In 2002, the FDA approved the use of deep brain stimulation (DBS) for patients with Parkinsons disease. Although it isn’t a cure, DBS has been shown to help manage symptoms of the disease. A workshop of experts was recently convened to create a consensus review of key issues involving DBS surgery. Published in the February 2011 Archives of Neurology, the review is designed to assist patients and physicians who are considering DBS based on clinical research and expert opinion.
One of the most important steps toward achieving consistently good outcomes with DBS is careful patient selection. Studies have suggested that more than 30% of failed DBS procedures can be attributed to inappropriate indications for surgery. Patient selection should be based on an individual risk-benefit evaluation for each patient. Good candidates for DBS include patients with Parkinson’s who do not have significant cognitive or psychiatric problems and medically intractable motor fluctuations, intractable tremor, or intolerance of medication adverse effects. DBS has yielded the best results in patients with advanced Parkinson’s and excellent levodopa response, younger age, no or few axial non–levodopa-responsive motor symptoms, no or very mild cognitive impairment, and absence of or well-controlled psychiatric disease.
Experience & Teamwork Matter
The surgical techniques for implanting DBS devices are continuing to evolve, but few studies directly compare the safety or effectiveness of these methods; the best techniques for DBS require more research. However, the workgroup did reach a consensus on the importance of having Parkinson’s patients receive care in expert centers that deliver DBS. A multidisciplinary team is essential; it should involve a movement disorder neurologist, a neurosurgeon, a neuropsychologist, an internist, and in many cases, a psychiatrist. Stimulation programming appears to be best accomplished by a highly trained clinician, but it should be noted that it can take 3 to 6 months to obtain optimal results.
“Patient selection should be based on an individual risk-benefit evaluation for each patient.”
Current data show that surgical complication rates with DBS vary widely. Infection has been the most commonly reported complication, but other surgical complications may occur with lesser frequency. These include intracranial hemorrhage, stroke, lead erosion without infection, lead fracture, lead migration, and death, but it should be noted that the rates vary widely within these complications.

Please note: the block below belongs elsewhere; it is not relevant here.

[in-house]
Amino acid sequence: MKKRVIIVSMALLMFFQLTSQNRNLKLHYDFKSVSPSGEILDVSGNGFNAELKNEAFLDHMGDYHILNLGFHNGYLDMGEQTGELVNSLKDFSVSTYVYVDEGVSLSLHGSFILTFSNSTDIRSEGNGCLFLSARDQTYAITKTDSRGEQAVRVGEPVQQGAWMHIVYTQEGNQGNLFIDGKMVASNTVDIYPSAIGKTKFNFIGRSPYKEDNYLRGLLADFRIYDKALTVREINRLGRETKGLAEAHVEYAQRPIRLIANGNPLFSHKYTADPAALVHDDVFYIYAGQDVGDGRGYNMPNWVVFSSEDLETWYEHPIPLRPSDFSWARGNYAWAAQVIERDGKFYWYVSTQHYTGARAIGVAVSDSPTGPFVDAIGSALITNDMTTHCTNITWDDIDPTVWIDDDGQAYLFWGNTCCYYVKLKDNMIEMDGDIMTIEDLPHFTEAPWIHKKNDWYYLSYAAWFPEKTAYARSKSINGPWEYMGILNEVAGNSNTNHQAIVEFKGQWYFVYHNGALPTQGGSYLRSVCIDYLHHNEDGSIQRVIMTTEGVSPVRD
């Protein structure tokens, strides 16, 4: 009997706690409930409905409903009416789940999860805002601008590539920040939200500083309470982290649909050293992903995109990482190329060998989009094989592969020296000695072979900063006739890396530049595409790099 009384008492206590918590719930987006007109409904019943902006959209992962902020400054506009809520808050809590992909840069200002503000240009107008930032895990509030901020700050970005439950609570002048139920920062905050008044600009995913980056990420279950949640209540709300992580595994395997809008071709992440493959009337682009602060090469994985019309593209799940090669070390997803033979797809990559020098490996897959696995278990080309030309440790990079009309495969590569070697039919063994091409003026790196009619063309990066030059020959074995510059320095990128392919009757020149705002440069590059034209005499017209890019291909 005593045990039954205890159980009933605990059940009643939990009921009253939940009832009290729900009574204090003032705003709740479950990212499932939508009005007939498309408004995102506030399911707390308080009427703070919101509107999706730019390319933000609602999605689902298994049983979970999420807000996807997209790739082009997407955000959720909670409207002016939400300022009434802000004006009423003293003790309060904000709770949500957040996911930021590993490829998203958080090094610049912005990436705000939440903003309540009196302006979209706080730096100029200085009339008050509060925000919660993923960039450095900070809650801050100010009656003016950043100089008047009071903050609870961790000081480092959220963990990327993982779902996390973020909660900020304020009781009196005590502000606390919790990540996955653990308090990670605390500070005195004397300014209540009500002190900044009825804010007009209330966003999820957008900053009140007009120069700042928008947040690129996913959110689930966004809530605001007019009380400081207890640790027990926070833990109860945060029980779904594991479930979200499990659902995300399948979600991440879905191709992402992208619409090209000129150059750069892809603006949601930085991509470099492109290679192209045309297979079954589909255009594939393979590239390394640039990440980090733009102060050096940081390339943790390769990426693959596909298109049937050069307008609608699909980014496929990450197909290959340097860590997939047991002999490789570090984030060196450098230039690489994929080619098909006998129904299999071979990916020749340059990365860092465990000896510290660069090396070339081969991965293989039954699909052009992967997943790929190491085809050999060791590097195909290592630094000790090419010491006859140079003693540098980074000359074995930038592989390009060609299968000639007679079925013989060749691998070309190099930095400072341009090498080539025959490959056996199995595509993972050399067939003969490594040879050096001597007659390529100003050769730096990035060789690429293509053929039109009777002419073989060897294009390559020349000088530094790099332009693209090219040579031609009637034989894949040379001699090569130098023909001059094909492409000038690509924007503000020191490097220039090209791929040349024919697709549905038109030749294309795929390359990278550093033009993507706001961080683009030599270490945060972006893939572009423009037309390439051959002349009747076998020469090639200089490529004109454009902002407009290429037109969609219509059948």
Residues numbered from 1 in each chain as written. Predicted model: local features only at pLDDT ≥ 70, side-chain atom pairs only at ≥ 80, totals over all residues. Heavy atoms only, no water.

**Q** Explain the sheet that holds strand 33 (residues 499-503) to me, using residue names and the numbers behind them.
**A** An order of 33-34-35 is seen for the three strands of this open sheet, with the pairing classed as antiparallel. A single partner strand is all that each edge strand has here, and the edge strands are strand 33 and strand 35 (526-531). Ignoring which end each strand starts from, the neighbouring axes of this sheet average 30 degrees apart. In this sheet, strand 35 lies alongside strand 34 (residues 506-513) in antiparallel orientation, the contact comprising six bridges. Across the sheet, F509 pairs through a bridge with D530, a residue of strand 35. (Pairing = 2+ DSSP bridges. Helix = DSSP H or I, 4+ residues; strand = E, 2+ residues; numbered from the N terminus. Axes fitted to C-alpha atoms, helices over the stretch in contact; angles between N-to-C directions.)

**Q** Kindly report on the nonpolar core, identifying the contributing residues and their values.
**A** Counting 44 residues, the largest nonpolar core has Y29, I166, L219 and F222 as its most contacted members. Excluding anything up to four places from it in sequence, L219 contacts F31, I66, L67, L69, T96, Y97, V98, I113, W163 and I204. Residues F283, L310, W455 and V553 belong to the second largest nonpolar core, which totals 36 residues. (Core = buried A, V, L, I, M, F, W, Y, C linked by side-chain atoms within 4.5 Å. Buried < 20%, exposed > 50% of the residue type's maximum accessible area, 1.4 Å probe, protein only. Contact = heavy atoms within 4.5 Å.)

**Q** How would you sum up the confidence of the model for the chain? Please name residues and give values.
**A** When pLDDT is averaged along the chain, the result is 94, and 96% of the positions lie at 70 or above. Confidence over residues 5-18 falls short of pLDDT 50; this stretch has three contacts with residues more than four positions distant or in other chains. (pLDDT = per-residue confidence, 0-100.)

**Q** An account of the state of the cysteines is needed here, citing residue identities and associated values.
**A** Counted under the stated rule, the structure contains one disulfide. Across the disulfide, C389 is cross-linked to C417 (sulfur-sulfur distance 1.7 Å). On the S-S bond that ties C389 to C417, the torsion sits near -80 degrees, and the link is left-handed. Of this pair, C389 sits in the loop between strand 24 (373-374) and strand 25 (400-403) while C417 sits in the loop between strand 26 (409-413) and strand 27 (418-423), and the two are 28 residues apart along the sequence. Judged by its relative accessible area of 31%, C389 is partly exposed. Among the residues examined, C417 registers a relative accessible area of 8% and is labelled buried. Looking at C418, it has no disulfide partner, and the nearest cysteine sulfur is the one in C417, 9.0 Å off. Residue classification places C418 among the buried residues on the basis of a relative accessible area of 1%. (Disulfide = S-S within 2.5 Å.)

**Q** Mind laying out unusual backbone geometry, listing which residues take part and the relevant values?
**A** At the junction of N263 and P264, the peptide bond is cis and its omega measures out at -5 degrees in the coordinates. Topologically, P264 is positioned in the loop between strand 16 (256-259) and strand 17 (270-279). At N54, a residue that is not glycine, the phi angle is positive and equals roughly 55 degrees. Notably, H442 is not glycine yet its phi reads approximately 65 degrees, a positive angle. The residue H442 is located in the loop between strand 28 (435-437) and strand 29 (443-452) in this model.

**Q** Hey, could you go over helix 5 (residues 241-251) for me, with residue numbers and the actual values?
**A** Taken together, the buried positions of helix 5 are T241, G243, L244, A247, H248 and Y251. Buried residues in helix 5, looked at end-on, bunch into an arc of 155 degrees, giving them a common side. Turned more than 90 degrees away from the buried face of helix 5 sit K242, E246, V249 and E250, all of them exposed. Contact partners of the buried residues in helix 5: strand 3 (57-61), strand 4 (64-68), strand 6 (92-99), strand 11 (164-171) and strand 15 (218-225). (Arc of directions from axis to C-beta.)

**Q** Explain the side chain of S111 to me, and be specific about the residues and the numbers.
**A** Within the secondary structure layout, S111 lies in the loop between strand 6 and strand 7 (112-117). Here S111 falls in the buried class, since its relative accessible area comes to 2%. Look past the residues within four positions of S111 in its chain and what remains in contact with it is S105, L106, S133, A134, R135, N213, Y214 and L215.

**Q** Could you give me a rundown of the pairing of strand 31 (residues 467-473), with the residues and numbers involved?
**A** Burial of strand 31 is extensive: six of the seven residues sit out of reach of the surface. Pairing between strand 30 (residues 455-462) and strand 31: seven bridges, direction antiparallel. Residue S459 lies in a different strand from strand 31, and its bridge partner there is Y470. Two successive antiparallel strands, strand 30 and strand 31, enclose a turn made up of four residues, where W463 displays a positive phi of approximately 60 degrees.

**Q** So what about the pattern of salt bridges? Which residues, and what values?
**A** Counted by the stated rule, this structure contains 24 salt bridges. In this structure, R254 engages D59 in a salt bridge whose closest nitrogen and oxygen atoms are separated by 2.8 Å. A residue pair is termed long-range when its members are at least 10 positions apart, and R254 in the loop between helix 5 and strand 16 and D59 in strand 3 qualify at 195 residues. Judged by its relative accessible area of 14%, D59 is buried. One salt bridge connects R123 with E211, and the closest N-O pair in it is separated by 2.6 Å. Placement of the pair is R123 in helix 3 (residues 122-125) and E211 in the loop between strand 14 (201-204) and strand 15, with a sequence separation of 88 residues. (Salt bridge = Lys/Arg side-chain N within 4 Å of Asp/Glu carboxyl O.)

A Look at Efficacy
The literature suggests that DBS improves levodopa responsive symptoms, dyskinesia, and tremor, and these benefits seem to be long-lasting in many motor domains. Long-term improvements have been demonstrated for up to 5 years for both subthalamic nucleus (STN) and globus pallidus pars interna (GPi) DBS, especially on motor fluctuations and for tremor with STN, GPi, and ventral intermediate nucleus of the thalamus DBS. STN DBS can allow patients to use less medication, but may be associated with worsening of non-motor symptoms and falls. STN DBS may also be complicated by depression, apathy, impulsivity, worsened verbal fluency, and executive dysfunction in some patients. Ablative therapy still appears to be an effective alternative, but should be considered only in a select group of patients.
Despite these largely positive results, Parkinson’s disease continues to progress after DBS, and there’s little evidence that surgery alters disease progression. Over time, patients who have the procedure often develop levodopa-resistant symptoms (eg, freezing of gait, postural instability, and cognitive decline). As such, long-term follow-up is essential. Postoperative brain MRIs can be performed safely and appear to be useful in monitoring patients who have received DBS.
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